What’s The Solution For Deprecated Java?
Bloggers propose that Oracle could give their PR a boost with an Open JDK based development stream for Mac OS X.
Apple’s decision to deprecate Java on the Mac and ban Java from
their upcoming App Store, is even more confusing when you take into
account just how popular the Mac is amongst the Java community.
Stefan Tilkov proposes a simple exercise for getting an
overview of the Mac’s popularity amongst Java devlopers: go to a
Java conference and look how many attendees are toting around a
Mac. “It’s anything between 20 and 75%, with something as high as
90% among speakers,” is his estimation. Michael Plöd agrees with him that “Java Developers love
Macs,” and estimates that 60-70% of his Java developer colleagues
use Macs. Stefan Tilkov throws more figures into the pot, revealing
that 40 of the 50 developers at innoQ are Mac OS X users, and
predicts that, following this announcement, “it’s likely none of
them will be anymore two or three years from now.”
So, why have Apple decided to leave this part of their customer
base out in the cold? Michael Plöd views iOS and the SDK for iPhone
and iPad as evidence that Apple favour Objective-C and Cocoa over
Java, and have recently been supporting Java only
Michael Plöd does see the potentional for Oracle to leverage
this situation to their advantage, though.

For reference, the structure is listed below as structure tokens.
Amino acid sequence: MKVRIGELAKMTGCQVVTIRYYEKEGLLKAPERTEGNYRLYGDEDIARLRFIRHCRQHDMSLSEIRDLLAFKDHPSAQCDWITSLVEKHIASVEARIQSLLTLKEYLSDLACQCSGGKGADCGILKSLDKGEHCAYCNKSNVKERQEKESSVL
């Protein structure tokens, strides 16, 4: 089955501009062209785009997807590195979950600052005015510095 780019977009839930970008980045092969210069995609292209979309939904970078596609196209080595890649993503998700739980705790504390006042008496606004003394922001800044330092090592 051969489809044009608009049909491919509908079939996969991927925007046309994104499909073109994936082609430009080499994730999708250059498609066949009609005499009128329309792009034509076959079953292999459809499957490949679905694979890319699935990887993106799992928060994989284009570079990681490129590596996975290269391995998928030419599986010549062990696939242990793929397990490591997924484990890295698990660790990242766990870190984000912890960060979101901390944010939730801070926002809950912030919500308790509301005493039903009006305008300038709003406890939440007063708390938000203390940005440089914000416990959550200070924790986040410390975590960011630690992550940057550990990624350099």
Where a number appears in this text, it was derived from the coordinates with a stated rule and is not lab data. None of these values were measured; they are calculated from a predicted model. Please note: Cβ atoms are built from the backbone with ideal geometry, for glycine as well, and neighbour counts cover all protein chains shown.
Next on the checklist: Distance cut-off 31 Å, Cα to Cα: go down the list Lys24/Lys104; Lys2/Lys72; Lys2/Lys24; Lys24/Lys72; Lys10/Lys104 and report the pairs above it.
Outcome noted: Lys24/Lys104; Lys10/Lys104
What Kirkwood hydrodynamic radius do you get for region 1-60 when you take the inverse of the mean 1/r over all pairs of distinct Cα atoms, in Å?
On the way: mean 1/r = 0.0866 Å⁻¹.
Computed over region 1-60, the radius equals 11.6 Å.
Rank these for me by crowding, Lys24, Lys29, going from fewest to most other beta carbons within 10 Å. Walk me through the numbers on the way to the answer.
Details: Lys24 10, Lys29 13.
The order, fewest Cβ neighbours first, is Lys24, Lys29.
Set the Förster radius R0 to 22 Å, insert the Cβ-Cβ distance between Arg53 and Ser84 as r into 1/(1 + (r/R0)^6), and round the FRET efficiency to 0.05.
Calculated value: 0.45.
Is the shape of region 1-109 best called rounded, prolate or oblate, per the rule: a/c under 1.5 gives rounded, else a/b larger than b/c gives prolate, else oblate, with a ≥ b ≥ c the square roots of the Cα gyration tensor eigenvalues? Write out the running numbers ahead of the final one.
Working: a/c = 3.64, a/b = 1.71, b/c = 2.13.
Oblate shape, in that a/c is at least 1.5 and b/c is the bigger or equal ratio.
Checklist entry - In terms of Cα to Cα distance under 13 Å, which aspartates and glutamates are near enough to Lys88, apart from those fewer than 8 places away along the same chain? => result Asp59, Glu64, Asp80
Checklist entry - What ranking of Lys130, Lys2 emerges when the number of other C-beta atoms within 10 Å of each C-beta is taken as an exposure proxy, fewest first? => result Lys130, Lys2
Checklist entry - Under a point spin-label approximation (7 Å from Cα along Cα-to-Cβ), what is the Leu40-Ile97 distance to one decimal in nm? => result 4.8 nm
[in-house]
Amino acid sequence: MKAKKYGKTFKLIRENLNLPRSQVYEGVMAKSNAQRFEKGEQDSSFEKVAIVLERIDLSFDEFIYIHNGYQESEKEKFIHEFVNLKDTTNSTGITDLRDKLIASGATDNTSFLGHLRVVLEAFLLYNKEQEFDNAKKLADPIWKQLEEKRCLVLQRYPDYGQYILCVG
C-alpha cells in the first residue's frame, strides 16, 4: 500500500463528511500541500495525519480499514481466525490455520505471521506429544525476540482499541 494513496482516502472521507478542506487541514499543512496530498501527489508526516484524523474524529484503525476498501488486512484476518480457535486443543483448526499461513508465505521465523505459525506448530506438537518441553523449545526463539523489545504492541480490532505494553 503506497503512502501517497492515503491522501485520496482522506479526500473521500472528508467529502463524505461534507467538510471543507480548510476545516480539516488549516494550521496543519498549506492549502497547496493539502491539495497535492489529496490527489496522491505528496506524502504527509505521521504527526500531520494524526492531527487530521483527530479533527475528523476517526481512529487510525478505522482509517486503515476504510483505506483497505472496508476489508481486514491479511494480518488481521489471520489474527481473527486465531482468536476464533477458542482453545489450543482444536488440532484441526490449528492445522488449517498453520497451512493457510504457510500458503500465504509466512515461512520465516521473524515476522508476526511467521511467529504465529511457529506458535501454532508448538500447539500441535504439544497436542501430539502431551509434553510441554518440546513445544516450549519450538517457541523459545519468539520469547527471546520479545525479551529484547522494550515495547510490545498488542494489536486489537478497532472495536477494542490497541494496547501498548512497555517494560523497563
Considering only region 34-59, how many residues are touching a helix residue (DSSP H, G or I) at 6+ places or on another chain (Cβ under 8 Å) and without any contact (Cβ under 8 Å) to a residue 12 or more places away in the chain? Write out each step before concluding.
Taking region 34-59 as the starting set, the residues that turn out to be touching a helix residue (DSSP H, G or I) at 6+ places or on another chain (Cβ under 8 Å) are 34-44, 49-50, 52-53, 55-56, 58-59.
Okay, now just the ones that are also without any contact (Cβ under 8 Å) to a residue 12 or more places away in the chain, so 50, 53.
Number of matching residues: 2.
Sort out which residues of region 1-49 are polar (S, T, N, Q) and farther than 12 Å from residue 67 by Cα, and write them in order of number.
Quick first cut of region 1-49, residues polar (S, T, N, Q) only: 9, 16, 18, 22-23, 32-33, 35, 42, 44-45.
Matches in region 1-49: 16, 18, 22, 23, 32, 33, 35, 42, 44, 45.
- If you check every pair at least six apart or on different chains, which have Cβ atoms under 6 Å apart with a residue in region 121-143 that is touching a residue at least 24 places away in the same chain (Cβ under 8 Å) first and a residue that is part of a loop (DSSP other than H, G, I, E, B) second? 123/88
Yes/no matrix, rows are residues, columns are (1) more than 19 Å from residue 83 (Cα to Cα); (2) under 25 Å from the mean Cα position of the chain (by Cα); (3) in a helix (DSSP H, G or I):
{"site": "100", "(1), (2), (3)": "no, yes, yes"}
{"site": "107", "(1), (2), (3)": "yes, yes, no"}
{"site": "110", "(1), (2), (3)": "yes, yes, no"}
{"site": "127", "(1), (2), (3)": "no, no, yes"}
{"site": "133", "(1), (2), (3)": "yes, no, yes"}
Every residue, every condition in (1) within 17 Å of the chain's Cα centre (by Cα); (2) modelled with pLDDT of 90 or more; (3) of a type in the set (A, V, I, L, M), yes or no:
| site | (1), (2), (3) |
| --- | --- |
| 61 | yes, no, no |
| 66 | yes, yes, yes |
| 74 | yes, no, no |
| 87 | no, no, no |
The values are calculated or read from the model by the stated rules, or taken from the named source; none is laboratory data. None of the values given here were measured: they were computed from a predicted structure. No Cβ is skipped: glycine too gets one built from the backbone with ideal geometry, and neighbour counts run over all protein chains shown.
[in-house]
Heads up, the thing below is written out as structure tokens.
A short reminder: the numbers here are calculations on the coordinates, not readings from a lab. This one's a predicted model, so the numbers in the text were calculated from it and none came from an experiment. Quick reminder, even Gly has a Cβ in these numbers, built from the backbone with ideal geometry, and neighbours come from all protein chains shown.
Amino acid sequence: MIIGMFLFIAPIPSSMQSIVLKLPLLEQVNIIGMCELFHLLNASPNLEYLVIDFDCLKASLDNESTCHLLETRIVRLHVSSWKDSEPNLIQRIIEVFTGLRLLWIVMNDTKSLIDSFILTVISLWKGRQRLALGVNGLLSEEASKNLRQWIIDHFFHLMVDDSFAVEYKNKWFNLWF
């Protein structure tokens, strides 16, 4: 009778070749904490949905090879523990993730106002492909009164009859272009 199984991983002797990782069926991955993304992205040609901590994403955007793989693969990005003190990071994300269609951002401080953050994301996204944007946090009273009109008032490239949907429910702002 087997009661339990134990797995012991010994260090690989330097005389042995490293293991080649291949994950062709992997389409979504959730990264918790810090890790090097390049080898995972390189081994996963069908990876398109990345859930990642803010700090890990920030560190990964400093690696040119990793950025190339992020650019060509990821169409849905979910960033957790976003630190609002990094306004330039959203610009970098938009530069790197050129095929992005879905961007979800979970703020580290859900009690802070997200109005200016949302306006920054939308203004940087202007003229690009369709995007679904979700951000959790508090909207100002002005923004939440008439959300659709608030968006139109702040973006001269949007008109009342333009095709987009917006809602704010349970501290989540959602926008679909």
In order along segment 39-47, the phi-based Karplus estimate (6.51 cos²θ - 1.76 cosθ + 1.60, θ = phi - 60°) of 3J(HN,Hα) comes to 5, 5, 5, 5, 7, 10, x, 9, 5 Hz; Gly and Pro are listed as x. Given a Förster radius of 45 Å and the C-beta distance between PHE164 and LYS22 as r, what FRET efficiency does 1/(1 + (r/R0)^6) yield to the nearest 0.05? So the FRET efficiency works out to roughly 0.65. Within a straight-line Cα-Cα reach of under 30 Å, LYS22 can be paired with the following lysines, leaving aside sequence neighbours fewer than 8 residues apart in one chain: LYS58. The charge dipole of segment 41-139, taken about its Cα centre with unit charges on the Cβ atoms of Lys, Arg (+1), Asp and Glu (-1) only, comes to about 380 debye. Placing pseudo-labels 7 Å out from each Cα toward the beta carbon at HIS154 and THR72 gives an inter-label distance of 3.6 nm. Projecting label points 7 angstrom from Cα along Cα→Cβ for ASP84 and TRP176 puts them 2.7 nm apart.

Mac OS X Server is not a common solution for hosting Java EE
applications, meaning that Oracle have little incentive to port
Java SE to the Mac. However, Oracle could potentionally launch an
Open JDK based development stream for Mac OS X. This would give
Oracle’s public image a much-needed boost – the Google lawsuit and
poaching IBM from the Harmony project have done little to reassure
the community as to Oracle’s intentions when it comes to Java. For
Michael Plöd, Java on the Mac can not only be salvaged, but it can
be transformed into a win-win situation: “Oracle wins in popularity
and states that they take Open JDK very serious; Apple wins by not
loosing a growing amount of good customers buying their big
machines; the Java Community wins by having a great new JDK that is
at the pace of time with regards to new versions.” Is a Mac-based
Open JDK development stream a likely outcome of this news? Or are
we about to see a whole lot less Macs at Java conferences?